Komatsu

Komatsu Africa, the southern African division of global capital equipment manufacturer Komatsu, has opened its new multi-million-rand industrial hub.

It has been established as a solid foundation for the company to accelerate growth and enable the business to capitalise on future market resurgence opportunities. CHANTELLE KOTZE attended the opening.

This article first appeared in Mining Review Africa Issue 1, 2019

Built at a cost of R985 million, the campus located east of Johannesburg in Germiston, is one of the largest industrial campuses in South Africa and will serve as the central hub from which the company will manage its widespread operational footprint across South and southern Africa.

Borne out of the need to consolidate Komatsu Africa’s geographically dispersed operations, Komatsu approved the purchase of the land and the development of the new campus in 2015.

This was approved at a time when the global mining market was going through a significant and major economic decline.

Despite this downturn it was clear, that to meet its commitment to provide a safe, healthy environment for its employees and to provide quality support to its customers, Komatsu Africa needed to improve its facilities.

On 12 April 2016, Komatsu broke ground on the development of the 300 000 m2 purpose-designed and built campus which has consolidated the jigsaw of facilities into a single, convenient complex as a means to streamline existing operations.

Komatsu Africa Holdings MD Mike Blom says that the development clearly reflects Komatsu’s confidence in South Africa and its future.

“The campus also serves as a launching pad to meet our objective of growth through innovation.

It will also enable us to render support in the much-needed expansion of the local economy through the seamless supply of equipment to the mining and, construction,” he adds.

Creating the campus

The main drivers behind the development of the campus was to enhance safety, health and efficiency – all of which are top priorities for Komatsu worldwide.

Blom believes that the campus gives workers a modern, pleasant workspace in which the company can grow and innovate and will have a positive impact on the levels of service and support provided to customers through improved logistics, workflow and communication.

The campus comprises the company’s head office operations, the Gauteng branch (which predominantly supports the Gauteng and North West regions), as well as a state-of-art technical training centre, equipment workshop and parts distribution centre.

Training centre takes on technical skills development

One of the biggest challenges in South Africa is a shortage of technical skills, therefore technical skills development is one of Komatsu’s greatest priorities, says Blom, who notes that over the past five years, more than 130 apprentices (many of whom are female) have gone through the Komatsu apprenticeship programme – 98% of which qualified did so within their first attempt.

The training centre currently offers 36 courses and has provided training for more than 2 300 people over the past three years, and Komatsu has committed to expanding its apprenticeship programme further to continue adding to the country’s pool of technical resources. It will also provide job opportunities for South Africa’s youth.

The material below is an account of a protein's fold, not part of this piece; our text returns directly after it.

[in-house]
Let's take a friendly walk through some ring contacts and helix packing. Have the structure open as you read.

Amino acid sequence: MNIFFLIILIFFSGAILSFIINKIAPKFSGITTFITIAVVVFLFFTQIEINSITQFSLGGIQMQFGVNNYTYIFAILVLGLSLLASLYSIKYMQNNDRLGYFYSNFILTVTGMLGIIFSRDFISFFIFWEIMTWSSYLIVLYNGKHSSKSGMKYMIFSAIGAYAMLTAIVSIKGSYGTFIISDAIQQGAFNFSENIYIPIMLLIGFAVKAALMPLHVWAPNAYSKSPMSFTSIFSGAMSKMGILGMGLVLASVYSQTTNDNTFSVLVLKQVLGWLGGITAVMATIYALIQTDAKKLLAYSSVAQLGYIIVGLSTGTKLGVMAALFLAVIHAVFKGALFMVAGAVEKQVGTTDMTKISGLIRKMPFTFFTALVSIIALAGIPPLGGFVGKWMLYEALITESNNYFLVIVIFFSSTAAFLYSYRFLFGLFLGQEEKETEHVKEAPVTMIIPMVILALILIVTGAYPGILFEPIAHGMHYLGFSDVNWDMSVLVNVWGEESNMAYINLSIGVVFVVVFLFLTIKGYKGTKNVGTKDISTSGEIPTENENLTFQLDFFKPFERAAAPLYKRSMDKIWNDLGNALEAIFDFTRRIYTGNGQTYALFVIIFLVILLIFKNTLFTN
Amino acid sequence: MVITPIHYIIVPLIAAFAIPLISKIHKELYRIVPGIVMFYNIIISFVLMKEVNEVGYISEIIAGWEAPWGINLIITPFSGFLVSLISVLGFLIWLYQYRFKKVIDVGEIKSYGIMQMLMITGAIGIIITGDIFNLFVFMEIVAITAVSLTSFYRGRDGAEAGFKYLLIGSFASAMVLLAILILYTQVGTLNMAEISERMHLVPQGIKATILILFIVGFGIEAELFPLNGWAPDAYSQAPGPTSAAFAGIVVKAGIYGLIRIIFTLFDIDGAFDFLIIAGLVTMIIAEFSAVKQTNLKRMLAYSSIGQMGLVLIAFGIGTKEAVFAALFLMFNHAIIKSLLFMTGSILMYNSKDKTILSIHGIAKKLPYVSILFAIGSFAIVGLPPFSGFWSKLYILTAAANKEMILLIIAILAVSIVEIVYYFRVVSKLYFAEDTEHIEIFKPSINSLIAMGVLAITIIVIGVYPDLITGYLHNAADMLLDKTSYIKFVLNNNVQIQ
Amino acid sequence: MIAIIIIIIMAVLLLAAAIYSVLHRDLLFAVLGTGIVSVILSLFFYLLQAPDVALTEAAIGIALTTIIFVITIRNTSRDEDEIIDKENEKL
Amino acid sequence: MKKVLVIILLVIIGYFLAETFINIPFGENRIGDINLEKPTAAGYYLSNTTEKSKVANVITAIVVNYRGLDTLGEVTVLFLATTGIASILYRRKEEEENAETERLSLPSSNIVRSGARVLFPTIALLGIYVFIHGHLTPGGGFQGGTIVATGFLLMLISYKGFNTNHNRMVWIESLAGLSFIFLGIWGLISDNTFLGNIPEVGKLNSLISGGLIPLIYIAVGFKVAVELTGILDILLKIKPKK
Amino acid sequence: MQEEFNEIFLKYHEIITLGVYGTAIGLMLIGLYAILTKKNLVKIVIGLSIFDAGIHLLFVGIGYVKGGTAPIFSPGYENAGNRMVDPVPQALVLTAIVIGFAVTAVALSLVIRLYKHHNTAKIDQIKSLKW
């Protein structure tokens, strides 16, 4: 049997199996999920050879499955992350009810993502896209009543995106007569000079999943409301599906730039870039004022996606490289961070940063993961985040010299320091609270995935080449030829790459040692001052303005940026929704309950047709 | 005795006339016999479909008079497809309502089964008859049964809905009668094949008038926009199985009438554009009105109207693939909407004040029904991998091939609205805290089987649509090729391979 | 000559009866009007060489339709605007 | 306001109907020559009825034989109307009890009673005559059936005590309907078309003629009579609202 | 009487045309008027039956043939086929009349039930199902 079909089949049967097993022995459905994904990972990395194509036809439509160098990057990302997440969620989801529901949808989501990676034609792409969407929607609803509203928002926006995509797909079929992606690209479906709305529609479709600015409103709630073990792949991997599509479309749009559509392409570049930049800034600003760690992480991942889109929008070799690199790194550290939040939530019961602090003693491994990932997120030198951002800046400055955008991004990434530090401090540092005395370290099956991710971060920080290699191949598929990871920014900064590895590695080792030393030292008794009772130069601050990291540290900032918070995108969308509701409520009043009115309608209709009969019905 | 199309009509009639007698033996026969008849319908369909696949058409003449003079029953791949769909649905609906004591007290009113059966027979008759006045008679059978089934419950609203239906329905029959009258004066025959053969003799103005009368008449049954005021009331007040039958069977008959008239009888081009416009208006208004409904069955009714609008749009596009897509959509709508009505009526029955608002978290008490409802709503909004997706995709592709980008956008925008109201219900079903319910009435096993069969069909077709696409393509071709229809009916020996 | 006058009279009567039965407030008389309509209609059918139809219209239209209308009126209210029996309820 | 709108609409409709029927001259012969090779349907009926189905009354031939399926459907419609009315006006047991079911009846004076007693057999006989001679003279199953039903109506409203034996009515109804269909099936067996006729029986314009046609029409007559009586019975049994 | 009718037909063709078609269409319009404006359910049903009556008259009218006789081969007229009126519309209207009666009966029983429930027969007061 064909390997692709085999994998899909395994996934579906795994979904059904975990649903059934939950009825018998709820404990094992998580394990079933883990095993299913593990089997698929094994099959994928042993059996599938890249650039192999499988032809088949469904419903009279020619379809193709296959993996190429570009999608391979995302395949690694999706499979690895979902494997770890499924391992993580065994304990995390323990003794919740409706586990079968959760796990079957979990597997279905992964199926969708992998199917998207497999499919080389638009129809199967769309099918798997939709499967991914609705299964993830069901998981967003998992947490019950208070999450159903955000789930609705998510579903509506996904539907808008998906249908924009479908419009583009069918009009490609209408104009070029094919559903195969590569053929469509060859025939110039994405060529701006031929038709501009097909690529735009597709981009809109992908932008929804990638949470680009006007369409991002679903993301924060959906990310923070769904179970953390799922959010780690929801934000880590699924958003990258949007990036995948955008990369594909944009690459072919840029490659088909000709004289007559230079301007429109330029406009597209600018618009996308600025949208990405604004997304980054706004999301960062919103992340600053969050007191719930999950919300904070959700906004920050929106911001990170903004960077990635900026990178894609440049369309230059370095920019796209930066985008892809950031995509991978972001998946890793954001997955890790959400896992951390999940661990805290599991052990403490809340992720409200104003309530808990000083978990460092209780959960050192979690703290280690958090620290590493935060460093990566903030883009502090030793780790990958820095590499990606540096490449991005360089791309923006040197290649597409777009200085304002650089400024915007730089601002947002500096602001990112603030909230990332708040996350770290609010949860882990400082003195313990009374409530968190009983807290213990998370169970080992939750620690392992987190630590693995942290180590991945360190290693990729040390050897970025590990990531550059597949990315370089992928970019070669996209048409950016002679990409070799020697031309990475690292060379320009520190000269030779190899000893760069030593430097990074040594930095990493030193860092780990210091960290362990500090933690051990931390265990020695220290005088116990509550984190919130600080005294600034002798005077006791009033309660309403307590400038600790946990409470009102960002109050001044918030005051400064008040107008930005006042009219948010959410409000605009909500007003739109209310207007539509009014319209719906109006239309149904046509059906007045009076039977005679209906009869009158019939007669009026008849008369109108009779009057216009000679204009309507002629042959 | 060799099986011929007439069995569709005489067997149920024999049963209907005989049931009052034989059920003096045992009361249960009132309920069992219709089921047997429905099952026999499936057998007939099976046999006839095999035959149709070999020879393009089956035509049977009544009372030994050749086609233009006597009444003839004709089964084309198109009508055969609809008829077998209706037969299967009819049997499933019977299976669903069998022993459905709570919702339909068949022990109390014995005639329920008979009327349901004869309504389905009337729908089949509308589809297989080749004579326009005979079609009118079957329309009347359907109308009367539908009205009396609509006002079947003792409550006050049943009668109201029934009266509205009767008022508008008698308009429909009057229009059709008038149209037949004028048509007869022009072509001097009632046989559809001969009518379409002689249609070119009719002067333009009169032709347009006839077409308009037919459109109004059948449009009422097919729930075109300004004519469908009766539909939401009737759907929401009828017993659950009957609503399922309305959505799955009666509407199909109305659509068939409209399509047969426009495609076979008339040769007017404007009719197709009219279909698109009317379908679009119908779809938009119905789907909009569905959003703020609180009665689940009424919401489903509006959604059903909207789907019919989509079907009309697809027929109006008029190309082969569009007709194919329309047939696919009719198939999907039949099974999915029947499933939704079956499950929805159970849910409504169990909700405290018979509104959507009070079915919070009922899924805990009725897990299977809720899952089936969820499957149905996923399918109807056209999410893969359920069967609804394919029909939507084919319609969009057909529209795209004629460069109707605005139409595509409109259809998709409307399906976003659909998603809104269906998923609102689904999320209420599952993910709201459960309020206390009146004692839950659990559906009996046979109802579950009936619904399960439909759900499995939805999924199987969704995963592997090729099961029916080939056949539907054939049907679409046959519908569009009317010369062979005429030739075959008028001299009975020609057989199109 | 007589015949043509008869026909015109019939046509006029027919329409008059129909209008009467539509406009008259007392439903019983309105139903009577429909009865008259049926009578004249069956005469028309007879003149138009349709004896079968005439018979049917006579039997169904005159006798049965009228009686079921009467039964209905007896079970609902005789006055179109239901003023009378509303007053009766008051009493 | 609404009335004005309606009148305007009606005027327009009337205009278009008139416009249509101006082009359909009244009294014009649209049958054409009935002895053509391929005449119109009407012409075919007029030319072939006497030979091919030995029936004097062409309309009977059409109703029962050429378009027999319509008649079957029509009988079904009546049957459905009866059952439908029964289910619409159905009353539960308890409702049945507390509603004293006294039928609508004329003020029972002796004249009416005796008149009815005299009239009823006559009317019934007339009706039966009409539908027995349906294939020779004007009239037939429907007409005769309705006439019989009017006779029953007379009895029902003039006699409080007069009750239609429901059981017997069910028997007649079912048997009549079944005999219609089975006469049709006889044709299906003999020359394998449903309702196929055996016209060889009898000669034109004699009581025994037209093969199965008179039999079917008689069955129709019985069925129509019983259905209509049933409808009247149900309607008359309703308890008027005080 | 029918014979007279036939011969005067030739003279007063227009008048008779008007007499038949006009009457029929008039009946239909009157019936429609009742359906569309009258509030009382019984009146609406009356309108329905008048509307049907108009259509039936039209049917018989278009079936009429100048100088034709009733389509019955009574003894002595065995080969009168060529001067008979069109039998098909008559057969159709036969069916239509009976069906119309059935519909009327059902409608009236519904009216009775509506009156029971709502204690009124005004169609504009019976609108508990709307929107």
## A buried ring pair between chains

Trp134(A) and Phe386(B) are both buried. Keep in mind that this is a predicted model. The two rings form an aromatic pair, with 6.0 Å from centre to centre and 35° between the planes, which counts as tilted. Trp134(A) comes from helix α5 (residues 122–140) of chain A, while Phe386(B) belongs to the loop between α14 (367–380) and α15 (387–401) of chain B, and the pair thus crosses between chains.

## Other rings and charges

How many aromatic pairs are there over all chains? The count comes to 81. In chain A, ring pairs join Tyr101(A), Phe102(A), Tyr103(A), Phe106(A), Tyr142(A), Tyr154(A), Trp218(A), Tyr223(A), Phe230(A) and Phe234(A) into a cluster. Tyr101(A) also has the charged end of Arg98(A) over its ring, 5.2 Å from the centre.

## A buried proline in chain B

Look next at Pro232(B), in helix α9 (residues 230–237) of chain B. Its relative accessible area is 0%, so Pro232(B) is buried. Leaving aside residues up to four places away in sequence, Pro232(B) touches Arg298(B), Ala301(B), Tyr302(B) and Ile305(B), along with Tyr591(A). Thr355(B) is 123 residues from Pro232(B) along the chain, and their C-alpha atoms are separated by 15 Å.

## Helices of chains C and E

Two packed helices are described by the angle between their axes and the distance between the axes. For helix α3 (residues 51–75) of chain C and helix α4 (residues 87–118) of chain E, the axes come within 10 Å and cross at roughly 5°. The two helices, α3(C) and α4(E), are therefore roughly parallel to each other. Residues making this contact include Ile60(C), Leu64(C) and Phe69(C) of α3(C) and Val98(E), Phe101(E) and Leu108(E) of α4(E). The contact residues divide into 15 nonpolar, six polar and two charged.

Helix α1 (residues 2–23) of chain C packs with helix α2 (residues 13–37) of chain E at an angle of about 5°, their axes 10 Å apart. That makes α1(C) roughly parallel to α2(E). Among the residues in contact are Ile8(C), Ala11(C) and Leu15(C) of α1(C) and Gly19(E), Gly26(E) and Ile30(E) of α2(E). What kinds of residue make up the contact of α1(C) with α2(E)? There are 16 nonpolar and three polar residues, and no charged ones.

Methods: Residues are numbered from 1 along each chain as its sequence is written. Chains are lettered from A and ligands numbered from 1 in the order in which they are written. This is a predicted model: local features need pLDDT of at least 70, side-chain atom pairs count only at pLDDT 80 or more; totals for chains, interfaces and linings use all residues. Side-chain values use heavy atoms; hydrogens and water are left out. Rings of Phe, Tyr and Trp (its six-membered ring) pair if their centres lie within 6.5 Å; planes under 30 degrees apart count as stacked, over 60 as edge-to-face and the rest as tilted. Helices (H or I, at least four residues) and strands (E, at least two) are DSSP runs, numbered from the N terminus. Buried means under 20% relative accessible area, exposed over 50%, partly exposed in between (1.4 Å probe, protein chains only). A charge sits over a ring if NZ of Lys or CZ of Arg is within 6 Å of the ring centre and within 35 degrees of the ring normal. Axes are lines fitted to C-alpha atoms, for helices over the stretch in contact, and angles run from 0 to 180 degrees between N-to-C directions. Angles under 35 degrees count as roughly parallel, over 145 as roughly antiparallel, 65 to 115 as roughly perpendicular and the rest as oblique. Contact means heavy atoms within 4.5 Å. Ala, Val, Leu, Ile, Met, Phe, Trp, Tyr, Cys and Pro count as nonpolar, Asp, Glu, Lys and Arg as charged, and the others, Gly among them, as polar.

Komatsu plans to expand its skills development in the critical areas of health and safety, technical skills and quality to meet both employee and customer skills requirements.

The centre features revolutionary virtual reality technologies with realistic machine controls for simulated operator training and testing.

A bigger and better parts distribution centre

The parts distribution centre is 21 000 m2 in size and 23% larger than the previous facility and incorporates best practices in warehouse design and operations from Japan, Europe and Australia as well as advanced logistics technologies like the Komatsu’s Global Warehouse Management System and SAP interface.

The parts distribution facility comprises inventory of around 43 000 line items and distributes around 12 000 pieces to more than 40 destinations every day, including Botswana, Namibia, Madagascar, Mauritius, Malawi and Zambia.

Floor space within the parts distribution centre is maximised with the use of high-level semi-automated turret trucks enabling safe, accurate access to the highest racking areas of up to 14 m.

At the same time ‘supermarket’ techniques are employed to keep fast-moving items at eye level to optimise picking cycle times.

The parts distribution centre currently employs 47 over two shifts – 8h00 until 16h00 and 14h00 until 22h00 – as well as 24 hour a day, seven day stock support.

Remanufacturing centre

The final phase of the campus will include the construction of a R280 million technologically-advanced component remanufacturing facility. Construction of the centre, currently 98% approved by the board, is expected to break ground around April 2019.

Construction of an undercarriage repair and rebuild centre, to be constructed at about R40 milllion, is also earmarked for 2021 and is currently awaiting board approval.

Also speaking at the event, Komatsu CEO and President of Komatsu Ltd Tetsuji Ohashi said that Africa, and South Africa in particular, have become an integral part of the company’s global business.

He added that the country is not only the company’s biggest market on the continent but also the base from which operations in nine separate countries across the region are driven.

“What we are doing today is sowing the seeds for future growth,” he said.

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